Acetic acid (10% vinegar) is an amazing, nontoxic, inexpensive, and widely used preventive and treatment for most cases of external otitis. Scuba divers routinely use it. Mix one part acetic acid (vinegar) with nine parts water. Instill enough to fill the ear canal as often as needed. The only side effect is a streak of white where it drips out of the ear. Simply wipe it off. One caveat: diabetic patients and individuals whose ear canals have swollen shut need additional treatment; the latter can be treated with this medication if an ear wick is inserted. While patients with diabetes may be able to temporize with acetic acid, they should also have the appropriate antibiotics or antifungals instilled, if these are available. A mixture of 50% rubbing alcohol, 25% white vinegar, and 25% distilled water can also be used for external otitis. This should only be used QID.15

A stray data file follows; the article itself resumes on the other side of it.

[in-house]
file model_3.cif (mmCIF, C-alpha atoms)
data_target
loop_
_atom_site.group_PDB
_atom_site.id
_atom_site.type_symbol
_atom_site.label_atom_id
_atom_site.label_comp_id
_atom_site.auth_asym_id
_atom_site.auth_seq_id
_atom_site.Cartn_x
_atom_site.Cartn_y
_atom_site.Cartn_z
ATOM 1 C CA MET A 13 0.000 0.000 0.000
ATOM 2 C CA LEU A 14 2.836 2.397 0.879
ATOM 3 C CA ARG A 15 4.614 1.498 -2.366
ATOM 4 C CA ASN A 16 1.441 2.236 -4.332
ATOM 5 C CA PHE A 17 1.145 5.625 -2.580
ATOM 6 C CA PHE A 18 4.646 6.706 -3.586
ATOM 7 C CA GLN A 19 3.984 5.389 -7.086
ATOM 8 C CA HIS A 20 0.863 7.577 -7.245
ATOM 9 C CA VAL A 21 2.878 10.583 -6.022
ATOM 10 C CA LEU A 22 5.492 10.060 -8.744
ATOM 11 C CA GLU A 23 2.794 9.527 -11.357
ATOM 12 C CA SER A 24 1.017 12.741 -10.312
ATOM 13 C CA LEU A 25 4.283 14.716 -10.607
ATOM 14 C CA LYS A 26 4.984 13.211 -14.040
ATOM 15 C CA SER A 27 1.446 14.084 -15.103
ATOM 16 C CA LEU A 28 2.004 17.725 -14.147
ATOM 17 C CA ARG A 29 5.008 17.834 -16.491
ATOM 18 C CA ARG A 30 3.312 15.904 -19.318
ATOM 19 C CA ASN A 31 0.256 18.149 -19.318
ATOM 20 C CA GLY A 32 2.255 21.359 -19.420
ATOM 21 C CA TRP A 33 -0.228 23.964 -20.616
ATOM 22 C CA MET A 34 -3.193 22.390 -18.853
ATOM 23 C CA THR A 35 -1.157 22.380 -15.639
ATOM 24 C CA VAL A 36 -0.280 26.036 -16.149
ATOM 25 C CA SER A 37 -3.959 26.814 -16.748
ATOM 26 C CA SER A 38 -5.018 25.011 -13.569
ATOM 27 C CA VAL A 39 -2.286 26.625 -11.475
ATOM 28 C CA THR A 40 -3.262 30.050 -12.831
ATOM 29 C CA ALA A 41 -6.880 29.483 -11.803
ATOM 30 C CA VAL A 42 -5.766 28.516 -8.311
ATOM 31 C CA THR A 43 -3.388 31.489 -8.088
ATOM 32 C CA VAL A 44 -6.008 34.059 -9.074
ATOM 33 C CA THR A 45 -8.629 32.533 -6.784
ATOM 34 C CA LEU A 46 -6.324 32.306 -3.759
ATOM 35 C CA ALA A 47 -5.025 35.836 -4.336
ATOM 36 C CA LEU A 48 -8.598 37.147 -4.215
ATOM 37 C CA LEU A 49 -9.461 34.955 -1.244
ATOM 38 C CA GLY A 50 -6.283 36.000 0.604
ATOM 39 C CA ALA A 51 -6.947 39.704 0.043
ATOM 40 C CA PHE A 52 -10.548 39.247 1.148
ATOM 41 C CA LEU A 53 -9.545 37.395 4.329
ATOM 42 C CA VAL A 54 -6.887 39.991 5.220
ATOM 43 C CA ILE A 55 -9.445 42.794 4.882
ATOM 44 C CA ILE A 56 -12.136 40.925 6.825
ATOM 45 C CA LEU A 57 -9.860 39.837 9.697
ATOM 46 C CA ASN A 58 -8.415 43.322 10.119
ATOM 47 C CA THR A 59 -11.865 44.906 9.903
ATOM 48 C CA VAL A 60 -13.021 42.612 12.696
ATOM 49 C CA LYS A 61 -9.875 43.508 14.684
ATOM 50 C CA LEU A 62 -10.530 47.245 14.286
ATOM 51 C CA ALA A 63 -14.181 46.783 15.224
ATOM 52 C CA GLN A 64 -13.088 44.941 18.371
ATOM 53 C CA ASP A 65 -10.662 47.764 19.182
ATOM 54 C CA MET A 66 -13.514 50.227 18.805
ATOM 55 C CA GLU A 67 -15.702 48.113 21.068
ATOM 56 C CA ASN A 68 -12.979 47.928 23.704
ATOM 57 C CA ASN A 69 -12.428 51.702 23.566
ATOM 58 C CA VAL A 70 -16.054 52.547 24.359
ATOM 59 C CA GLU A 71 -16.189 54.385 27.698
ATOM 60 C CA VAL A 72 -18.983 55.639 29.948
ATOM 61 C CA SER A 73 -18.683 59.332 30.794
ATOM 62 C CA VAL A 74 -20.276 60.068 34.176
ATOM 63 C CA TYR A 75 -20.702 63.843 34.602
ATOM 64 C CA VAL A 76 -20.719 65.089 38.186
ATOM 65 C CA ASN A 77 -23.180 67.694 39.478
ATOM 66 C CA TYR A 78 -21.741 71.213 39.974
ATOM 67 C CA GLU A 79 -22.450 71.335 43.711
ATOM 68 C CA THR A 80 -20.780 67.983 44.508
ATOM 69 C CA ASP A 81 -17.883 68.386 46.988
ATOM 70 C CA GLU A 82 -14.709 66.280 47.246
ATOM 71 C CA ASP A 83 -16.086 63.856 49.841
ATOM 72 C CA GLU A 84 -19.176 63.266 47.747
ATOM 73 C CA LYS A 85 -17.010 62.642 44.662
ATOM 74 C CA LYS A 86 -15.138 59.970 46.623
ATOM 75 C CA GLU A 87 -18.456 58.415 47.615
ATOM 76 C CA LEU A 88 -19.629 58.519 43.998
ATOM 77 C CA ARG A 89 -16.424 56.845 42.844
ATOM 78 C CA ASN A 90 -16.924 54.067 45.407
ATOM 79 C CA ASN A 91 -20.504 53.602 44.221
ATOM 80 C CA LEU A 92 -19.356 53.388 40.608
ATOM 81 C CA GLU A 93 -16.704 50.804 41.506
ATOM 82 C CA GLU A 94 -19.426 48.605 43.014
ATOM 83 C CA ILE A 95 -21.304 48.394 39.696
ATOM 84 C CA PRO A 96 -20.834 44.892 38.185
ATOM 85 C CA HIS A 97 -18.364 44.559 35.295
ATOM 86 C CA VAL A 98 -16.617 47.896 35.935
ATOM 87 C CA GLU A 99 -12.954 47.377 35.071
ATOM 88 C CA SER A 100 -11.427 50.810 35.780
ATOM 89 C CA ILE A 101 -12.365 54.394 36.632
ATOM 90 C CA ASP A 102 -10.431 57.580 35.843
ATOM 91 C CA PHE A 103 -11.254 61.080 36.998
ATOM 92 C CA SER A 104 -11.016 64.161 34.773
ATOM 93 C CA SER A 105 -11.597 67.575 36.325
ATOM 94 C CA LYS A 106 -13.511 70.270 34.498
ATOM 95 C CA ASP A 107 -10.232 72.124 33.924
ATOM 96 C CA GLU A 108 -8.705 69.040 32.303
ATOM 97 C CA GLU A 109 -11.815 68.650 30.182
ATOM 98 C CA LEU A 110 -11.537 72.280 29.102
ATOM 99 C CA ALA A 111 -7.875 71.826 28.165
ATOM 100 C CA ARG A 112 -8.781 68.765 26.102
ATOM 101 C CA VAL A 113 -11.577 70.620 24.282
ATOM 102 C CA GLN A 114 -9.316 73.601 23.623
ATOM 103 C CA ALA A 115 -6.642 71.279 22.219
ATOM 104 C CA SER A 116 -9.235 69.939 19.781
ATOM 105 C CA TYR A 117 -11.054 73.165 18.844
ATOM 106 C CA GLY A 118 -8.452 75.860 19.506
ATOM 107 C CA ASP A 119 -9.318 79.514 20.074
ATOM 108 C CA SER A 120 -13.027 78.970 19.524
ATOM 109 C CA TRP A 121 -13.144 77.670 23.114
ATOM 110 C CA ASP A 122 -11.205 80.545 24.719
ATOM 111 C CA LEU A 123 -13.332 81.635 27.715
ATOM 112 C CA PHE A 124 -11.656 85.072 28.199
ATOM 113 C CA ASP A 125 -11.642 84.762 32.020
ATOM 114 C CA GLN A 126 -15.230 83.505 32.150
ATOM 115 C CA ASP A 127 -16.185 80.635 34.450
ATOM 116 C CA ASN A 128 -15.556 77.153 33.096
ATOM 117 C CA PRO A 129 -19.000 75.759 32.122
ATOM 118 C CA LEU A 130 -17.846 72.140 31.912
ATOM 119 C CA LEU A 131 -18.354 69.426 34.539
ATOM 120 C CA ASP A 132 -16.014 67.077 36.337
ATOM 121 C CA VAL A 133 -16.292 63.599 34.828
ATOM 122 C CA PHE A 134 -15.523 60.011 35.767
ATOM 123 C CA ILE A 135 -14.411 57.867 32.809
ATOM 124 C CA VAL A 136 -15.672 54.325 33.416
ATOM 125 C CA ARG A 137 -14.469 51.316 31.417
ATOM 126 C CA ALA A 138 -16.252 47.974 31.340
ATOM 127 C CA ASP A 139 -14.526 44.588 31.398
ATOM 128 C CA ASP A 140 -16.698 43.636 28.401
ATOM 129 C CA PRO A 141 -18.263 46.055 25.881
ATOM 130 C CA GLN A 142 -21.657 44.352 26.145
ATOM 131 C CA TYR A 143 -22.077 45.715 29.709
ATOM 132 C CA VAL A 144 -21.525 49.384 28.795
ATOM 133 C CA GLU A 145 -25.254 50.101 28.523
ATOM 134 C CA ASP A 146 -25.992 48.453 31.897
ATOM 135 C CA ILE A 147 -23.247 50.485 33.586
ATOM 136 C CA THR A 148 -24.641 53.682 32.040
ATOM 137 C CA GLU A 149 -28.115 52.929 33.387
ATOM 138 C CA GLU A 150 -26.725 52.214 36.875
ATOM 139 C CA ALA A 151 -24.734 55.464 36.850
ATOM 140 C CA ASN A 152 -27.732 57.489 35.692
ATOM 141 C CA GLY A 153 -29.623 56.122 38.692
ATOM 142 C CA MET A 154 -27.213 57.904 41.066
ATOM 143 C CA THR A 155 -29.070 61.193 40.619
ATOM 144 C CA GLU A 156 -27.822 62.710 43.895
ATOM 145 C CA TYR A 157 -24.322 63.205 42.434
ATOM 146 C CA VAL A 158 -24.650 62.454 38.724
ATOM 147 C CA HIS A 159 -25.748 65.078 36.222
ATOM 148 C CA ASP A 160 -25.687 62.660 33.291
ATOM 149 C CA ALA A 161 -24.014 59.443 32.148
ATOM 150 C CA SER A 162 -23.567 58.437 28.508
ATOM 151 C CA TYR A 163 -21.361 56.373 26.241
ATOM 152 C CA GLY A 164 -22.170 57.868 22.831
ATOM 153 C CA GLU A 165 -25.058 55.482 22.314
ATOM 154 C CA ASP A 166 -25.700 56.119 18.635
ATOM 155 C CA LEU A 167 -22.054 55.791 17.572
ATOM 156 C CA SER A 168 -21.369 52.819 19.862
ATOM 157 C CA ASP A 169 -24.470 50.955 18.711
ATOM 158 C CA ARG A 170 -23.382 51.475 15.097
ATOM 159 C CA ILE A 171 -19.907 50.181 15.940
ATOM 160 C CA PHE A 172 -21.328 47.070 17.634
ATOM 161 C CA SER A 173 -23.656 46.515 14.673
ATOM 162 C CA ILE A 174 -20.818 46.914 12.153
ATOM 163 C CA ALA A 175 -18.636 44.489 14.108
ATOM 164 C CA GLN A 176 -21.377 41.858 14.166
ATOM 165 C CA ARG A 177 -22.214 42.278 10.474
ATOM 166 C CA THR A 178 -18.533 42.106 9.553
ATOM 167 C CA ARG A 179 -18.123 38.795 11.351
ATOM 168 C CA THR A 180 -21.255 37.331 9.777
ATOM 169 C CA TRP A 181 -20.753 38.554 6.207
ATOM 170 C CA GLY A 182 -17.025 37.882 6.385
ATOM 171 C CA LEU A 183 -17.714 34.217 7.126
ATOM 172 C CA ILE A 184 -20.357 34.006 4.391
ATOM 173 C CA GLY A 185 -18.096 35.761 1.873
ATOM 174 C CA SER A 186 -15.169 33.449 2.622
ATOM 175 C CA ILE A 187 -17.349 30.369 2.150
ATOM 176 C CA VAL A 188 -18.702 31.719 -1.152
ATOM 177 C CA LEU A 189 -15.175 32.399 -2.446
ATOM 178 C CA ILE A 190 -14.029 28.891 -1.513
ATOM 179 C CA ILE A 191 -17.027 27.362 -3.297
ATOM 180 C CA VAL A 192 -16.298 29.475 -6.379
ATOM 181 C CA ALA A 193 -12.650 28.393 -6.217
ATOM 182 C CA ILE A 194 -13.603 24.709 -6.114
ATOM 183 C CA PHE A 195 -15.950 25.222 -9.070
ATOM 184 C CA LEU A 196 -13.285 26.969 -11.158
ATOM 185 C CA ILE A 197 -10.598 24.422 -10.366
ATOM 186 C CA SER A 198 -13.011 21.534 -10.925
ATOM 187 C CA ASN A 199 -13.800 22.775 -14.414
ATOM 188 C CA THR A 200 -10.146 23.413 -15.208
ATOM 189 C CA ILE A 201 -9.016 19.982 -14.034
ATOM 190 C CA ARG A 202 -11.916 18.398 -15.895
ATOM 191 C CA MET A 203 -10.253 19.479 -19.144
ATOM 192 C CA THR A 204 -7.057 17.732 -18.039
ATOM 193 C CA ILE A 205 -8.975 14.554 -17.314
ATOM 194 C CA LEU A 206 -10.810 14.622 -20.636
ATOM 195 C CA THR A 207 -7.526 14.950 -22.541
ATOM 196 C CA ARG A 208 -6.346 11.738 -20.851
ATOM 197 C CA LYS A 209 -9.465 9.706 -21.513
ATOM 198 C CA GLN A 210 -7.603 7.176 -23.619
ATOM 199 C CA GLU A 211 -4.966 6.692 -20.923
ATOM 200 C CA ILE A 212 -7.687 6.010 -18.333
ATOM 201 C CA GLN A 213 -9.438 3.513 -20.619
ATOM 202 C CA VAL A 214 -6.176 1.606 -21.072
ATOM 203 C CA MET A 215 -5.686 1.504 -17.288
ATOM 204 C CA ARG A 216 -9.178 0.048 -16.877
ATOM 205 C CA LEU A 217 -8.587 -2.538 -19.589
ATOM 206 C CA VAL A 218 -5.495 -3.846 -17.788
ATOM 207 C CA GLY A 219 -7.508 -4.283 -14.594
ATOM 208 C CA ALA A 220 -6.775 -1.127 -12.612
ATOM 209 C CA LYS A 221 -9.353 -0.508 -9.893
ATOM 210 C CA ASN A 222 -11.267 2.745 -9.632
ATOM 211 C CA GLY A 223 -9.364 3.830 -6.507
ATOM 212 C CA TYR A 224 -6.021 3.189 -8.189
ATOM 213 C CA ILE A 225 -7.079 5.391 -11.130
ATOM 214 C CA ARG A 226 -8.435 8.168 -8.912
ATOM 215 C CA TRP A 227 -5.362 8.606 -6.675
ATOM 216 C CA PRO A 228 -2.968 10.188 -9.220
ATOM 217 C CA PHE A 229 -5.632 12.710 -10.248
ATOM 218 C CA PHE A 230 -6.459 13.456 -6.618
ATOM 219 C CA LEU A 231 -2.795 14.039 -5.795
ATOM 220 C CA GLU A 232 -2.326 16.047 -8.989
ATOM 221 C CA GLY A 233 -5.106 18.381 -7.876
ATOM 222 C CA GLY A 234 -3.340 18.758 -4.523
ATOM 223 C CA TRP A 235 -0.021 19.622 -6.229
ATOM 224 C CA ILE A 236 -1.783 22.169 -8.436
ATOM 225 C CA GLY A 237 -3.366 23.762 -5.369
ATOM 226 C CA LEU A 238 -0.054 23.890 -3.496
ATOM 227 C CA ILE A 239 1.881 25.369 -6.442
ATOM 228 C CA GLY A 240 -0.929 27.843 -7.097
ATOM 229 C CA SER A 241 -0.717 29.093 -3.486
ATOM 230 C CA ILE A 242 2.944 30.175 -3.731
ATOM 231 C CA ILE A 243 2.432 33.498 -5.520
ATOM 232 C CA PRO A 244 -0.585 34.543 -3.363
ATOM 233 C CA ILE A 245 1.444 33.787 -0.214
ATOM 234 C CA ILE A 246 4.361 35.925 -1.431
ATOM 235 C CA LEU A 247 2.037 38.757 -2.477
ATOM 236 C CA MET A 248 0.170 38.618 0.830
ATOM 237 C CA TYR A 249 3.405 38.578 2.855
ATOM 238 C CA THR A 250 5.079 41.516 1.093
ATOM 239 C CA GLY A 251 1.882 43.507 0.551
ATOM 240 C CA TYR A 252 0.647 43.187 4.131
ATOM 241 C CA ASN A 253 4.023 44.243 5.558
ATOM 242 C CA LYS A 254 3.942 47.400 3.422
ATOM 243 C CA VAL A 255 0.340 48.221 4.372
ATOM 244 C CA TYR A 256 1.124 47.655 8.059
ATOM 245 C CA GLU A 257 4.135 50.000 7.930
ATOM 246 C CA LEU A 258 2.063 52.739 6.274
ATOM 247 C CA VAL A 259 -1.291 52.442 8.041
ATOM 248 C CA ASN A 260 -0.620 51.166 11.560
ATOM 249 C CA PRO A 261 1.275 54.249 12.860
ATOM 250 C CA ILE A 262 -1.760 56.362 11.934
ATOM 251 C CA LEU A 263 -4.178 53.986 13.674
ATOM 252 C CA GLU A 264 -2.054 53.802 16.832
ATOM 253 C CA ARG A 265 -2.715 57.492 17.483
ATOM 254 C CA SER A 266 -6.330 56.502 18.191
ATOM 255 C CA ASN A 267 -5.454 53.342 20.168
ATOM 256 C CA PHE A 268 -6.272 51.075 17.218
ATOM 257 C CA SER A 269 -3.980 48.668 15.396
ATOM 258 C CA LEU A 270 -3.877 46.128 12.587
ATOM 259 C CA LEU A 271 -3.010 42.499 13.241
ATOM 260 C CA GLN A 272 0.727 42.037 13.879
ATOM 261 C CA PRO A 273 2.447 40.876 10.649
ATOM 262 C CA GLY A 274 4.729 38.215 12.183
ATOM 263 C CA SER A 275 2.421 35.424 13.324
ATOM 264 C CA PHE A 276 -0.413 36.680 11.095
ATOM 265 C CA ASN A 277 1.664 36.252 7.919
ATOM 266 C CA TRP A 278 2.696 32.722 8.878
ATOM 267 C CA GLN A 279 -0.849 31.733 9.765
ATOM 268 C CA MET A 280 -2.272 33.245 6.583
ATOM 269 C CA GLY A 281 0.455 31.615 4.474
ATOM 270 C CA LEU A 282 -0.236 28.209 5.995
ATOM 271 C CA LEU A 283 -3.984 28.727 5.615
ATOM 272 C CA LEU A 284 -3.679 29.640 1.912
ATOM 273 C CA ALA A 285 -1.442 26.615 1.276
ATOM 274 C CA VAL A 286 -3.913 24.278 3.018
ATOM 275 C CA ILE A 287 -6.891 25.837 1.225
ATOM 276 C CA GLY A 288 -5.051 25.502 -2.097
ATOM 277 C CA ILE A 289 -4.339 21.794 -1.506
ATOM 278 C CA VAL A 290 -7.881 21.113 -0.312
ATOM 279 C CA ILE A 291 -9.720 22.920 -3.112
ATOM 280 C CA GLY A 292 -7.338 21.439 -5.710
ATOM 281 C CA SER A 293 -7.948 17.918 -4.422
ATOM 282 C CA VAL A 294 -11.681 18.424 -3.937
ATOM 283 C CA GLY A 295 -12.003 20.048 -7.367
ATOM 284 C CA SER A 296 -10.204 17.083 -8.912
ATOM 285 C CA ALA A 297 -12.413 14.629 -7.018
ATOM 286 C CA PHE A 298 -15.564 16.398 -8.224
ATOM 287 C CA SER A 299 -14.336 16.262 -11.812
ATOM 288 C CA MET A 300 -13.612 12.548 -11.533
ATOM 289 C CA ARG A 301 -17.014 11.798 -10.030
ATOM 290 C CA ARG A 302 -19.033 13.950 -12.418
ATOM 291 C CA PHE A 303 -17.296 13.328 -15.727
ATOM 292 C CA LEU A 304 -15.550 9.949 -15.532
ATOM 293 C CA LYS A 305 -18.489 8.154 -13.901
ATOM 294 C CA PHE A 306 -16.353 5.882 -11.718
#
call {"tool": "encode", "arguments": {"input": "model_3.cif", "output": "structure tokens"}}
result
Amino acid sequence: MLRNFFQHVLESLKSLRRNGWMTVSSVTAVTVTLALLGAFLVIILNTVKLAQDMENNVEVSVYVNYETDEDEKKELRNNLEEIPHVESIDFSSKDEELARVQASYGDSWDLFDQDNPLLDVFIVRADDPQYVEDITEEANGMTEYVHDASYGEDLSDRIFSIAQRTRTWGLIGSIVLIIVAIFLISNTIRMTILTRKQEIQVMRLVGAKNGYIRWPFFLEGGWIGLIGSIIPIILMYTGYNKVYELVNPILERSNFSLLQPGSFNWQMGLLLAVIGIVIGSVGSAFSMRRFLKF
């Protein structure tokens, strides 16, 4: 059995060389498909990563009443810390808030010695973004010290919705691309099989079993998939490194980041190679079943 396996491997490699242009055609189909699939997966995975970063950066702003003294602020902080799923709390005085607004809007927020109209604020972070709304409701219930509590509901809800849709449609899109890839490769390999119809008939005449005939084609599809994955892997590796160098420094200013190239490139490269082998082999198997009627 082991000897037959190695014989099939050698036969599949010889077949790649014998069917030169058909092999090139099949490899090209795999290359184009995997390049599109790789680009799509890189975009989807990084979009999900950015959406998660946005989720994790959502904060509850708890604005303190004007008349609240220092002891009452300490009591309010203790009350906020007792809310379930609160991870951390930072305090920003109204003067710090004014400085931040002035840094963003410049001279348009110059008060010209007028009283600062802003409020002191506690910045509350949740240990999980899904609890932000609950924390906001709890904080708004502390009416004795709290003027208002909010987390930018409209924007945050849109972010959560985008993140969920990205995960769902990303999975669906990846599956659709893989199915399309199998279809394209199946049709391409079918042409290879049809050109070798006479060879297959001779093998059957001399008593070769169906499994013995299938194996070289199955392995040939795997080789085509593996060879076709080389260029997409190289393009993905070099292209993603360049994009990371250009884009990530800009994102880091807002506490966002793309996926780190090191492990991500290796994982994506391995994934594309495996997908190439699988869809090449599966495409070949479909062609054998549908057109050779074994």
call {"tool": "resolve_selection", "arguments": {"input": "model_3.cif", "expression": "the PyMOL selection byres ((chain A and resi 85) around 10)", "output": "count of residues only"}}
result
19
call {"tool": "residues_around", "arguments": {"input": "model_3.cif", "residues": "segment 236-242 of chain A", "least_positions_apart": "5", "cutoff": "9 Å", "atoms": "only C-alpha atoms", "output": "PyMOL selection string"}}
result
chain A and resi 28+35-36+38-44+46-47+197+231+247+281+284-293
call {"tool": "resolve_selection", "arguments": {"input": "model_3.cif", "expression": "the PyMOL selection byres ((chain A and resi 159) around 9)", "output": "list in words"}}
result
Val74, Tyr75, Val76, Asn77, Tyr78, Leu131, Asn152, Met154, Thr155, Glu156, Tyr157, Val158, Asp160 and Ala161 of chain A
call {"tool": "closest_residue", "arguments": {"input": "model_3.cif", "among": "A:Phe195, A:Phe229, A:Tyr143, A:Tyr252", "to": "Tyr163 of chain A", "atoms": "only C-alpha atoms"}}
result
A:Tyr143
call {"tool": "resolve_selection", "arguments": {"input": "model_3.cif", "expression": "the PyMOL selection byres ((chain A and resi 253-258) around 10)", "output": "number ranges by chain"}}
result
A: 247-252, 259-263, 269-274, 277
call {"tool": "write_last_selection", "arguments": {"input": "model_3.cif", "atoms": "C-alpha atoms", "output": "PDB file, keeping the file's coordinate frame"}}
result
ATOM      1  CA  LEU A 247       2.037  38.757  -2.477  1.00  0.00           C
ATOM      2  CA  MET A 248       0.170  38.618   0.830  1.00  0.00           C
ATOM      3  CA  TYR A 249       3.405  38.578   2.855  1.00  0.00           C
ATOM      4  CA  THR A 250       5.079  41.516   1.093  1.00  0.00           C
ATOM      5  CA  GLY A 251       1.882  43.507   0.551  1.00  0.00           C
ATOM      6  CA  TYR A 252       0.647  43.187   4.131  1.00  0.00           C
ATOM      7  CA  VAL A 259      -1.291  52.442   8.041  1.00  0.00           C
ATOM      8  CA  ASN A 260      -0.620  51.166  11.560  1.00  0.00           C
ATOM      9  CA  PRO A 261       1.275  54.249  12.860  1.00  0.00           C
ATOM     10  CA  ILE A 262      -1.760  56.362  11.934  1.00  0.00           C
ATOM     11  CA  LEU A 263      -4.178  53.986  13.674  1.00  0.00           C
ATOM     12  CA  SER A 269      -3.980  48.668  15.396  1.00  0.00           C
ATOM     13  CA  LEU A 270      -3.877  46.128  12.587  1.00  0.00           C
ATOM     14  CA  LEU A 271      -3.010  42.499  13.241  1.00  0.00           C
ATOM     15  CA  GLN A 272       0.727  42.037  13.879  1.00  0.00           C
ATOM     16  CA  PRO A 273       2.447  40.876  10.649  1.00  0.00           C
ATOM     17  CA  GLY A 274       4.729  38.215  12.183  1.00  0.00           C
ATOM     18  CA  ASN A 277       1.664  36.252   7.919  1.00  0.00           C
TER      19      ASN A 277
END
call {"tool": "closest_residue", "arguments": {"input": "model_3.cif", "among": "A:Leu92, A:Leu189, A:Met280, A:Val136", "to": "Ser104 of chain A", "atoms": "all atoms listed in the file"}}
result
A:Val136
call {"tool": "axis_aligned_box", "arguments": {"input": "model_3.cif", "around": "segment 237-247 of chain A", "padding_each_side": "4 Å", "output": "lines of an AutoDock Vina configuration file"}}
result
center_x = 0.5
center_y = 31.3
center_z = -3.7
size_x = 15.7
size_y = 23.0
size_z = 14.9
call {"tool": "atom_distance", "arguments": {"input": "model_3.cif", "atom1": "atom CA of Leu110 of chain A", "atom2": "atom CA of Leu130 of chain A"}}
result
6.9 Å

A myringotomy may need to be done if the patient is in pain from otitis and no analgesic, decongestant, or antibiotic is available. If a myringotomy is necessary, nearly any local anesthetic drops will anesthetize the tympanic membrane if you wait 10 minutes after they are put in. For example, use one spray of 10% lidocaine aerosol directed into the clear external meatus onto the tympanum.16 Another option is to put in 1 drop (only!) of 10% phenol. If phenol is used, start the procedure immediately, since the anesthetic effect lasts only 10 minutes. (Phenol also can anesthetize other areas, such as pilonidal cysts.) To do the myringotomy, insert an 18-gauge needle into the anterior-inferior part of the tympanic membrane. To take a culture, attach a TB syringe. Avoid puncturing the membrane posteriorly. (David Merrell, MD, oral communication, October 2006.)